"So, how to improve the quality of members and their work? Some political analysts argue, with some justification, that MPs should be paid more, with a simpler allowance system and publication of all expenses claims. But, realistically, this is a non-starter: the public would hate the idea, and it would be a foolish government that risked it in a recession. Better would be to increase the size of constituencies, to cut the number of seats to around 400 and bring down the cost. Supply and demand would ensure there were fewer seats for weak MPs. Allowances should then be tightly regulated. A new code is being brought in next month, but it does not go far enough. Every stamp and receipt should be accounted for and listed online, for the public to see. That is the price of rebuilding trust."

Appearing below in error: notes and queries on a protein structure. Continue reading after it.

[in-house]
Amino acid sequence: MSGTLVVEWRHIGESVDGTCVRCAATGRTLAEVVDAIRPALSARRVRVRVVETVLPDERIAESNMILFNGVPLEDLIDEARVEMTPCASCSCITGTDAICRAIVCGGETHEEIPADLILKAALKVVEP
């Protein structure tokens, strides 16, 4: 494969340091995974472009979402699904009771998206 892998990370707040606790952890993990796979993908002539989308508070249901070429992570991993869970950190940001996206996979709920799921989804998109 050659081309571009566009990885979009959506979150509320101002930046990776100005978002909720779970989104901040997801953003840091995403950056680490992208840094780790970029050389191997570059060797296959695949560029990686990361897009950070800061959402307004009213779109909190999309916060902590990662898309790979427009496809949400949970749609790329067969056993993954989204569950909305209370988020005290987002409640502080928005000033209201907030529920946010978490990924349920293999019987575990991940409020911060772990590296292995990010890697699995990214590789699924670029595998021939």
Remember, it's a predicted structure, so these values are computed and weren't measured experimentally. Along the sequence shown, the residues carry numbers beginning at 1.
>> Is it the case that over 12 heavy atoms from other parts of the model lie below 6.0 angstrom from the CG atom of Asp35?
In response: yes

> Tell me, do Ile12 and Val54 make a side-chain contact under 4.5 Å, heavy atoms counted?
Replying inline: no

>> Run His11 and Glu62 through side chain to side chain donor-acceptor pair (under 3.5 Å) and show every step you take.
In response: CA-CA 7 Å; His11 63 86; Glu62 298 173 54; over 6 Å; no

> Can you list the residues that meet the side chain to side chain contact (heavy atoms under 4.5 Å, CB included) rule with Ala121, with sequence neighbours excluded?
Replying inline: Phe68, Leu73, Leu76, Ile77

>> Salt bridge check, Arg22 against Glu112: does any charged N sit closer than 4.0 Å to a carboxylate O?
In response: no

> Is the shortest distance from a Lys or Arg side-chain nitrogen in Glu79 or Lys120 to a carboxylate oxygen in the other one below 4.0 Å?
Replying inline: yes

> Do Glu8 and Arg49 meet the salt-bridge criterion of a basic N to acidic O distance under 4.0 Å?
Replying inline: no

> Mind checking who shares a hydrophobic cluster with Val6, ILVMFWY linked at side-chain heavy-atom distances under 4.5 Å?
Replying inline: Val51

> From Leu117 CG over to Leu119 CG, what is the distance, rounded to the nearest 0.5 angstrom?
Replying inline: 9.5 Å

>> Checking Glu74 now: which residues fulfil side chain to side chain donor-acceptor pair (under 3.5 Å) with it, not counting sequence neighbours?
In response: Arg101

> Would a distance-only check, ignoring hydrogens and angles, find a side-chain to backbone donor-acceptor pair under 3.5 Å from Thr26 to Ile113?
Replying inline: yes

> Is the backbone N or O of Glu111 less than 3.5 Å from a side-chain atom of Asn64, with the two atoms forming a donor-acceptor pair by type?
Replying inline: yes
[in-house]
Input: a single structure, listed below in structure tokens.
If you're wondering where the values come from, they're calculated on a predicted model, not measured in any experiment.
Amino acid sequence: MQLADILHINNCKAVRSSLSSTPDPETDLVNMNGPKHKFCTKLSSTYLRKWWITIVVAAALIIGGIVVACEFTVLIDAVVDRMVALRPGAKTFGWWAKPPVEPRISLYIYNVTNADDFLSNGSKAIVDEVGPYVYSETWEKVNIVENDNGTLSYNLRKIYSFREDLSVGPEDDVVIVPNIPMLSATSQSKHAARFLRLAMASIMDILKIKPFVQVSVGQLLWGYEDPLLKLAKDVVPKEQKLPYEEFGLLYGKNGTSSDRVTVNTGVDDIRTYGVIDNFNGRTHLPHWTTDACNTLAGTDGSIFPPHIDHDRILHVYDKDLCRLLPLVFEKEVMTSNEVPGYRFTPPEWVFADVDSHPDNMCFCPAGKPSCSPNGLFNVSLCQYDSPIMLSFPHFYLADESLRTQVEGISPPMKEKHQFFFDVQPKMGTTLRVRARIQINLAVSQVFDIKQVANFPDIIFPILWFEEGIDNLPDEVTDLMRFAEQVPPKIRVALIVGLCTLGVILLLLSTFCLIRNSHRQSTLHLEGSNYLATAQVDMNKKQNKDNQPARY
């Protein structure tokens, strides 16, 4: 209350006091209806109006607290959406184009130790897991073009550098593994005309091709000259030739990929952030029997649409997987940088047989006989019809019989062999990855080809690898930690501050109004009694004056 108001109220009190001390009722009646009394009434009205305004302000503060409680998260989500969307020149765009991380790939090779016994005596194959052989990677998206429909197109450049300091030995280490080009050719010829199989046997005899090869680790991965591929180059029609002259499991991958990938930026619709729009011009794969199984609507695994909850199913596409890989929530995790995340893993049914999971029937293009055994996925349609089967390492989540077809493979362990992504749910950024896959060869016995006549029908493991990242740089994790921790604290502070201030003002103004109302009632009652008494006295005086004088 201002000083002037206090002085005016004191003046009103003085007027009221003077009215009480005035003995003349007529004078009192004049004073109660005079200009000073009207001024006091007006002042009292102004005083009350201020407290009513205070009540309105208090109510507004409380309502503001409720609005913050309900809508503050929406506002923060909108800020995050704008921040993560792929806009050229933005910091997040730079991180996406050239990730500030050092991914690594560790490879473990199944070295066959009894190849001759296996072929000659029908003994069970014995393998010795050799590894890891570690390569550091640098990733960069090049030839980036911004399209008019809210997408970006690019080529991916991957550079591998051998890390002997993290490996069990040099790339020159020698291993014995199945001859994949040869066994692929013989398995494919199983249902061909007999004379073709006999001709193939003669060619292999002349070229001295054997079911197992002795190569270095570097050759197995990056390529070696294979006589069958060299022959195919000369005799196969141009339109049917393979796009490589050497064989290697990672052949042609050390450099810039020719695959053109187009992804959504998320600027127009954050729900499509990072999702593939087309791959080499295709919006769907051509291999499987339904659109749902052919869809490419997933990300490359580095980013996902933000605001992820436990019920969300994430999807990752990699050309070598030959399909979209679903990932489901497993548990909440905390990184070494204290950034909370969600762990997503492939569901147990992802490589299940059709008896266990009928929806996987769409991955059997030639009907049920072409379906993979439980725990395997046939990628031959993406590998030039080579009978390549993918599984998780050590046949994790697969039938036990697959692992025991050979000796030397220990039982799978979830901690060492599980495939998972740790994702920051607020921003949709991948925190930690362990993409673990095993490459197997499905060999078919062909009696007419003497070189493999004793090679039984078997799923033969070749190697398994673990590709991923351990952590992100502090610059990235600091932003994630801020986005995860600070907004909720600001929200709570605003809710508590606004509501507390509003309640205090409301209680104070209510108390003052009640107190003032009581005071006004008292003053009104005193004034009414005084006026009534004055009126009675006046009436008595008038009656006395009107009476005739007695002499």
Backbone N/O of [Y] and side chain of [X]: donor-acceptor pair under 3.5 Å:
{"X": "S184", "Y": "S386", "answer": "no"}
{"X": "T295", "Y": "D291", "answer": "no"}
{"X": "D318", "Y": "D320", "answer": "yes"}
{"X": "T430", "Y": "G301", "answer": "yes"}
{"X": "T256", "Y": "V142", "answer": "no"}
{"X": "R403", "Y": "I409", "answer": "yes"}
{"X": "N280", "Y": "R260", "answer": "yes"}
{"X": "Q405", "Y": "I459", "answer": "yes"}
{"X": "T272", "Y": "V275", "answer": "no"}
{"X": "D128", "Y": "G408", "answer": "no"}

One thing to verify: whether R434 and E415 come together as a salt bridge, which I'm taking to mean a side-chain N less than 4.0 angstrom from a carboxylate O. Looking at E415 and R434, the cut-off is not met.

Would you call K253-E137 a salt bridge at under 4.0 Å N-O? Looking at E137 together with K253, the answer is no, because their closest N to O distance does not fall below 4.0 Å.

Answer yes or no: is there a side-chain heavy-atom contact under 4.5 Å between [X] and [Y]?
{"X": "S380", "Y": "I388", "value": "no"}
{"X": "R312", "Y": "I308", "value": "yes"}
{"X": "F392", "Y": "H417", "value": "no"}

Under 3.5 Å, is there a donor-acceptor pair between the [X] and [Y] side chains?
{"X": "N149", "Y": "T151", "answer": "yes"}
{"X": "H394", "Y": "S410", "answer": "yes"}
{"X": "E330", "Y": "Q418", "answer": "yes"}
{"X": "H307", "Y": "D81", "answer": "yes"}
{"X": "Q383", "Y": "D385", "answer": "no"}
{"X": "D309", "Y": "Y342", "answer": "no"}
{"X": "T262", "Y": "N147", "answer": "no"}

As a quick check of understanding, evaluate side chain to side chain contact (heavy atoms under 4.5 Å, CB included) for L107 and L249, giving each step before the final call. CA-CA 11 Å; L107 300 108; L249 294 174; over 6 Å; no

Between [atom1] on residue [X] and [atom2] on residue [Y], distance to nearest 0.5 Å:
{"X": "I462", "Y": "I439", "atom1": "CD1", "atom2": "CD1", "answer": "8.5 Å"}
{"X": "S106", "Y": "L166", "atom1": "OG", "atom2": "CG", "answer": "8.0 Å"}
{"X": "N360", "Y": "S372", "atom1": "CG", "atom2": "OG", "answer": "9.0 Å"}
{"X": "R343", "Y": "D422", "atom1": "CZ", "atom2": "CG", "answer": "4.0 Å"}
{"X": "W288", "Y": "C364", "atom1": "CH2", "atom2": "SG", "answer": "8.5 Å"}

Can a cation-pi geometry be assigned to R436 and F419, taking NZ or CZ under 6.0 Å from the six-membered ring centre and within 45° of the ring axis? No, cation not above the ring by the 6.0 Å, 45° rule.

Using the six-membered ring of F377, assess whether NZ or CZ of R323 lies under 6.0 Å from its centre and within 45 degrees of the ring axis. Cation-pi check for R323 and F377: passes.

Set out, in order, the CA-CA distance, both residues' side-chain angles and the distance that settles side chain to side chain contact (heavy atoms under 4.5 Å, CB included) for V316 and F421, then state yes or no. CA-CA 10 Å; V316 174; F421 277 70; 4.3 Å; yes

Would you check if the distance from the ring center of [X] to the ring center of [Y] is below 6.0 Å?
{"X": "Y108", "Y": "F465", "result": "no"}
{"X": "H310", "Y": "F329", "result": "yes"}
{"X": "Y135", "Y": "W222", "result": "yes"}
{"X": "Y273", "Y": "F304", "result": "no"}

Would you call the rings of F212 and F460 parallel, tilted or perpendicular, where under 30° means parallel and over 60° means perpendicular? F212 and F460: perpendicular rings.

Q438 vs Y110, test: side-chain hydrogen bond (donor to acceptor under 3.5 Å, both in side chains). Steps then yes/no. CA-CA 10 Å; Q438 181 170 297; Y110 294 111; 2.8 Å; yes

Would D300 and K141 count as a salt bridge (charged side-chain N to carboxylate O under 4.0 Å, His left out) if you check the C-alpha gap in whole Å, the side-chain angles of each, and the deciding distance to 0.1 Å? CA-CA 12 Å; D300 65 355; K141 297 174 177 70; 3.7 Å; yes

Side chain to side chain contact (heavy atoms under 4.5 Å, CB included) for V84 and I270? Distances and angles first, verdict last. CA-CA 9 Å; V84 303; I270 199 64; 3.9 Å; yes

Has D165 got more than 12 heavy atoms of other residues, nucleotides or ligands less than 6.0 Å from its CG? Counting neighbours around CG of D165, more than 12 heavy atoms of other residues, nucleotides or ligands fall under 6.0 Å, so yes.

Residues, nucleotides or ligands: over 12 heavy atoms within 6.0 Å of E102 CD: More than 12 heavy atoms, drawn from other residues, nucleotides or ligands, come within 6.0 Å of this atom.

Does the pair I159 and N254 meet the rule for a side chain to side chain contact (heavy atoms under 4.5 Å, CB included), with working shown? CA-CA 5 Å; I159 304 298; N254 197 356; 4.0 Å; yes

I think Iain is right to look for drastic solutions. As the Politics Home poll in today's Standard reveals, the public's faith in politicians is at a particularly low ebb. 86 percent of respondents think that MPs' pay and expenses are "too generous", and only 2 percent think that "virtually all MPs are honest when claiming expenses". Given the fiscal climate - and the fact that this is a democracy we live in - the party leaders have a moral obligation to deal with this trust deficit.